You may have already heard about the latest nutrition trend – If It Fits Your Macros or IIFYM. You may even associate it with countless photos of donuts and burgers on Instagram. But what is IIFYM all about?
What is IIFYM?
Simply put, IIFYM or flexible dieting is just a balanced approach to nutrition. Basically, the concept is to establish the amount of calories you should consume daily, depending on your goals and lifestyle. Then, you calculate the ratio of macronutrients (protein, fat and carbs) that should make up your calories. This can be done using many formulas and calculators available online and will, once again, vary from one person to another. It doesn’t matter if you want to lose fat, put on muscle or maintain your current body composition; IIFYM is an individual approach so it works for everyone.
Once you have your four essential numbers (calories, protein, fats and carbs) you should find a tracking app or website that will allow you to log and count your daily intake. Then, all you have to do is to plan at least a day ahead to make sure what you eat fits into your macro allowance for the day.
How Flexible Dieting Works
An advocate of the Flexible Approach, a coach and researcher Alan Aragon says that it is unreasonable to label foods ‘clean’ or ‘dirty’, especially given how the idea of what is healthy has changed throughout time. For example, in the 80s all fat was considered evil but in the 2000s we started leaning towards consuming fat in moderate amounts and some diets even glorify it as a miraculous cure for almost every known disease (the bulletproof diet, the keto diet). Also, Alan points out, that judging processed foods as ‘bad’ may be an overstatement. Most health and fitness supplements are highly processed yet considered beneficial to our health (for example, vitamin or protein supplements).
The IIFYM approach is based upon the fact that the first and most important factor in weight loss or gain is the number of calories consumed. Even the macronutrient ratio is of secondary significance when it comes to weight loss alone. Health is a different matter but we will come back to that later.
Surwit and colleagues compared the 6-week outcome of 2 diets – both in caloric deficit, with 43% of total calories as sugar vs. 4% of the total calories coming from sugar. They observed no major difference in the result when it comes to weight loss and fat loss and the health stats were also similar for both groups. To conclude, overeating is the biggest factor in both obesity and health risks associated with it. But what about counting the macros, then?
The proportion is important if you want to change your body composition (i.e. higher protein for muscle building) and achieve optimal health. As much as ‘a carb is carb’ you will want to limit your sugar intake in order to maximize the nutritional value of your foods (including carbs). You will need variety if you want to provide your body with precious vitamins, minerals and fiber.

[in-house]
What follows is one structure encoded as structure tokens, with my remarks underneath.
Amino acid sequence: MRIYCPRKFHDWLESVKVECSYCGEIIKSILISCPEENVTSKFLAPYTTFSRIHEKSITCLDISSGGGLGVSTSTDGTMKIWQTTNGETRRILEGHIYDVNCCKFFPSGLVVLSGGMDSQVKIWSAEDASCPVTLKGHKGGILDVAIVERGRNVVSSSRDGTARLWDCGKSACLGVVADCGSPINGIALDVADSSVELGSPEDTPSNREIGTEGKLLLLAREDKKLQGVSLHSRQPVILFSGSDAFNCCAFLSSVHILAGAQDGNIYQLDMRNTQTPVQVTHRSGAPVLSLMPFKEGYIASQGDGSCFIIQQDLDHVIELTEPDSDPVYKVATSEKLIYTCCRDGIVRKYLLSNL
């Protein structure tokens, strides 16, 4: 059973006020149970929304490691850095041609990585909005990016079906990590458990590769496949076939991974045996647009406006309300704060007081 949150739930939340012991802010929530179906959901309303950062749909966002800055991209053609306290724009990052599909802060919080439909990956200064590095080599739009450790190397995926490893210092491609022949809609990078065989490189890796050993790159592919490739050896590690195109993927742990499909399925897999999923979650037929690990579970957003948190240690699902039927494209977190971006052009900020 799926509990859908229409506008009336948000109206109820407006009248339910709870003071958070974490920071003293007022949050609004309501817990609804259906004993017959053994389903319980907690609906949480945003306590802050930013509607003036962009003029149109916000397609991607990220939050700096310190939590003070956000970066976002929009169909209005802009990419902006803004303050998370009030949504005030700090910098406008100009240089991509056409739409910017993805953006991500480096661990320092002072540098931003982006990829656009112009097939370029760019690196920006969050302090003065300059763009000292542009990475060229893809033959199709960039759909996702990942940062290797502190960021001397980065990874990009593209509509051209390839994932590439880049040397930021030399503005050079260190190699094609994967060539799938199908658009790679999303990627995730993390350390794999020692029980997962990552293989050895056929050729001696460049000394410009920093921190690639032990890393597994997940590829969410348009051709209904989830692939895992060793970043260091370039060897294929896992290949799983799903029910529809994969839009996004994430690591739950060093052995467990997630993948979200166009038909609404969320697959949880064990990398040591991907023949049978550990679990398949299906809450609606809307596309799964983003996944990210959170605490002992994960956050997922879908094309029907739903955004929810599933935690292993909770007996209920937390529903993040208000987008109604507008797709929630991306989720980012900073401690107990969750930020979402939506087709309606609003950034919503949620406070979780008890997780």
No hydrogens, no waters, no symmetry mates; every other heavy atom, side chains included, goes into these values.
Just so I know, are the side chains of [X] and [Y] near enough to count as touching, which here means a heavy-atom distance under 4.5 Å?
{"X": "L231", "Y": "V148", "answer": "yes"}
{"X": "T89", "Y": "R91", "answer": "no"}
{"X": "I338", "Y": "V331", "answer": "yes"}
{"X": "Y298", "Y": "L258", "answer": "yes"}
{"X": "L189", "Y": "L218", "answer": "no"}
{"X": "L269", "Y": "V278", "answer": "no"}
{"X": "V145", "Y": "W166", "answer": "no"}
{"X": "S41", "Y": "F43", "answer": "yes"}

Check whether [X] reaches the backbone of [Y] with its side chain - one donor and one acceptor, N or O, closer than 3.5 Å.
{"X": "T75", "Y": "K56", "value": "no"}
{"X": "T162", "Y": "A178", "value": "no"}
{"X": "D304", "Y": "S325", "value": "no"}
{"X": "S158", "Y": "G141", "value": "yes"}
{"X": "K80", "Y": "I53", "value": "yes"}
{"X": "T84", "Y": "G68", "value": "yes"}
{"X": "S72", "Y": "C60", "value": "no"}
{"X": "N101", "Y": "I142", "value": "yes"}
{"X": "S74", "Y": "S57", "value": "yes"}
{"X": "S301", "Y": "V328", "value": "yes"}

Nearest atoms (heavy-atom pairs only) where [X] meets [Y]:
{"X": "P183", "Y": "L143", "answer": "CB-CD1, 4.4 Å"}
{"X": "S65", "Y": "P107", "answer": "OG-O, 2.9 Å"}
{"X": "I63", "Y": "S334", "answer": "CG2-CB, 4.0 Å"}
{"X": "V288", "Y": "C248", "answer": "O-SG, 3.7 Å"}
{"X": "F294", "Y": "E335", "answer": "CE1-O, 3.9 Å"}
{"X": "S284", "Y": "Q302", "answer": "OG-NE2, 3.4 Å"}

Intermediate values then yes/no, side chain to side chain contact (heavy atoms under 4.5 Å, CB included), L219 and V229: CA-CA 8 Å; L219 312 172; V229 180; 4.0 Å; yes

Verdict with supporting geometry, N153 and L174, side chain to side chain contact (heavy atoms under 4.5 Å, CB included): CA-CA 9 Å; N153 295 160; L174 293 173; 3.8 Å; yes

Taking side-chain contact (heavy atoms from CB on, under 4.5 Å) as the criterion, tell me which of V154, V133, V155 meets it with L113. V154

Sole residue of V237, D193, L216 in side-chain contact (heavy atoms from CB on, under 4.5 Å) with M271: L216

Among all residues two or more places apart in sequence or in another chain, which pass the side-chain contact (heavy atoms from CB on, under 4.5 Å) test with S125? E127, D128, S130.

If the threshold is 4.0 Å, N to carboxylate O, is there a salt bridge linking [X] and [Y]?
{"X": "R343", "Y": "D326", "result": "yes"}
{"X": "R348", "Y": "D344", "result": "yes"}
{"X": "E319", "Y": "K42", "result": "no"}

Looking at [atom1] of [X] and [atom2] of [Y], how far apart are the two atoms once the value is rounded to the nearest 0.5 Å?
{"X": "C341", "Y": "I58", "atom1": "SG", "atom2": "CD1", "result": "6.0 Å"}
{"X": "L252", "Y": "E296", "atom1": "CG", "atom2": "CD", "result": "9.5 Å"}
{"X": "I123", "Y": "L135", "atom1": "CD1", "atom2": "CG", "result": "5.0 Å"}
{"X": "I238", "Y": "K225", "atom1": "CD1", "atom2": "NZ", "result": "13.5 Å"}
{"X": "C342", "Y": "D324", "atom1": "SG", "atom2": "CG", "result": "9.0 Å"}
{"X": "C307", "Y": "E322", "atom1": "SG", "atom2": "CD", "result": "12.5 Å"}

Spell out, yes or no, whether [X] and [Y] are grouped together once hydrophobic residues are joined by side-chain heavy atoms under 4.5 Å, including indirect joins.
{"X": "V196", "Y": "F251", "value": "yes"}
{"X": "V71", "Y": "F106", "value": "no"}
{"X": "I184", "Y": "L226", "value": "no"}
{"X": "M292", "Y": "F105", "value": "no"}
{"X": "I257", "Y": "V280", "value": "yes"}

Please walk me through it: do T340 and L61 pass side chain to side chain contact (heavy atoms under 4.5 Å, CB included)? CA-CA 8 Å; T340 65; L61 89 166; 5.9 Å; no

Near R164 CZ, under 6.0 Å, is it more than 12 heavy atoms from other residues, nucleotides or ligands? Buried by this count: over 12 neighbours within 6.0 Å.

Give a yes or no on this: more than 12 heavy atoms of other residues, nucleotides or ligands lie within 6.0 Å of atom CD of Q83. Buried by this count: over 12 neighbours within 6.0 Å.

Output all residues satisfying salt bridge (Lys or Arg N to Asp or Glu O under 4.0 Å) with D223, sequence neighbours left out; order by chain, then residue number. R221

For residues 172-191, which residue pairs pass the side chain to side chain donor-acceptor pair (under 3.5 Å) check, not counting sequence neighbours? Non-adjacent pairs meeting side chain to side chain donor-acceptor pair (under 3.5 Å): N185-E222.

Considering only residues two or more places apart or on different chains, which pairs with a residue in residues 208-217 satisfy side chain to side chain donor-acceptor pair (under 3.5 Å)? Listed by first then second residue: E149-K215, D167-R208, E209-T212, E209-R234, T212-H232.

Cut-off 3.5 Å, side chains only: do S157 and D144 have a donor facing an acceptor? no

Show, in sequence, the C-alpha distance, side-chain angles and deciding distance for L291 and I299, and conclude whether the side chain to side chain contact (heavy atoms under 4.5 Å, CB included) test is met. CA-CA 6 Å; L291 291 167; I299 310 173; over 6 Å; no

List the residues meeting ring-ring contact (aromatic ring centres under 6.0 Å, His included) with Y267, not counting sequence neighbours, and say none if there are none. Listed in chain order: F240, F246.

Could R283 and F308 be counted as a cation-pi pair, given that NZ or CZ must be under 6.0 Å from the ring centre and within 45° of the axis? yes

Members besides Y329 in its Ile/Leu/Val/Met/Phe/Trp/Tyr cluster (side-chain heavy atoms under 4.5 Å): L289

Does Flexible Dieting=Eating Donuts All Day?
Flexible dieting is not an excuse to eat unhealthy foods. But, based on the concept of ‘everything in moderation’, if you can fit a donut or burger into your meal plan so that it is in line with your macros, by all means do so. If done properly, IIFYM will not allow you to eat junk all the time. For example, a few donuts can take up all your fat allowance for the day. This means you can’t eat another gram of fat that day, which will be tricky since even chicken, lean meats and low-fat dairy contain traces of fat. So BAM! – you eat donuts all day – you’re not going to hit your macros.
If you adhere to the 80/20 rule – 80 percent whole, organic ‘healthy’ foods and 20 percent ‘cheat’ foods that fit your macros, you are most likely to remain healthy and hit your fitness goals. It is not uncommon that fitness and figure competitors use this method to prep for a contest. You just need to track your food accurately and believe me – you will be able to eat whatever you want (in moderation).
Benefits of IIFYM
Labeling foods ‘bad’ or ‘dirty’ and excluding them completely from your menu will make you feel restricted and more likely to binge or even develop an eating disorder. Some people develop an unhealthy obsession with healthy eating called Orthorexia Nervosa which can lead to constant anxiety over food and isolation from others. Flexible dieting enables you to plan what you’re going to eat and fit it into your daily intake so you can participate in social activities and eat out if you want to. Trying everything allows you to observe your body and make necessary adjustments. Also, you can simply enjoy your food!
Aragon, A. The Dirt on Clean Eating http://wannabebig.com/diet-and-nutrition/the-dirt-on-clean-eating/
Gajda.K. What is Flexible Dieting: IIFYM Uncovered http://www.wecanbethegreatest.com/what-is-flexible-dieting-iifym-uncovered/
Kratina. K. Orthorexia Nervosa https://www.nationaleatingdisorders.org/orthorexia-nervosa
National Academy of Sports Medicine: Do Cheat Meals Make Sense? http://blog.nasm.org/nutrition/cheat-meals-make-diet-sense/
Surwit RS, et al. Metabolic and behavioral effects of a high-sucrose diet during weight loss. Am J Clin Nutr. 1997 Apr;65(4):908-15.
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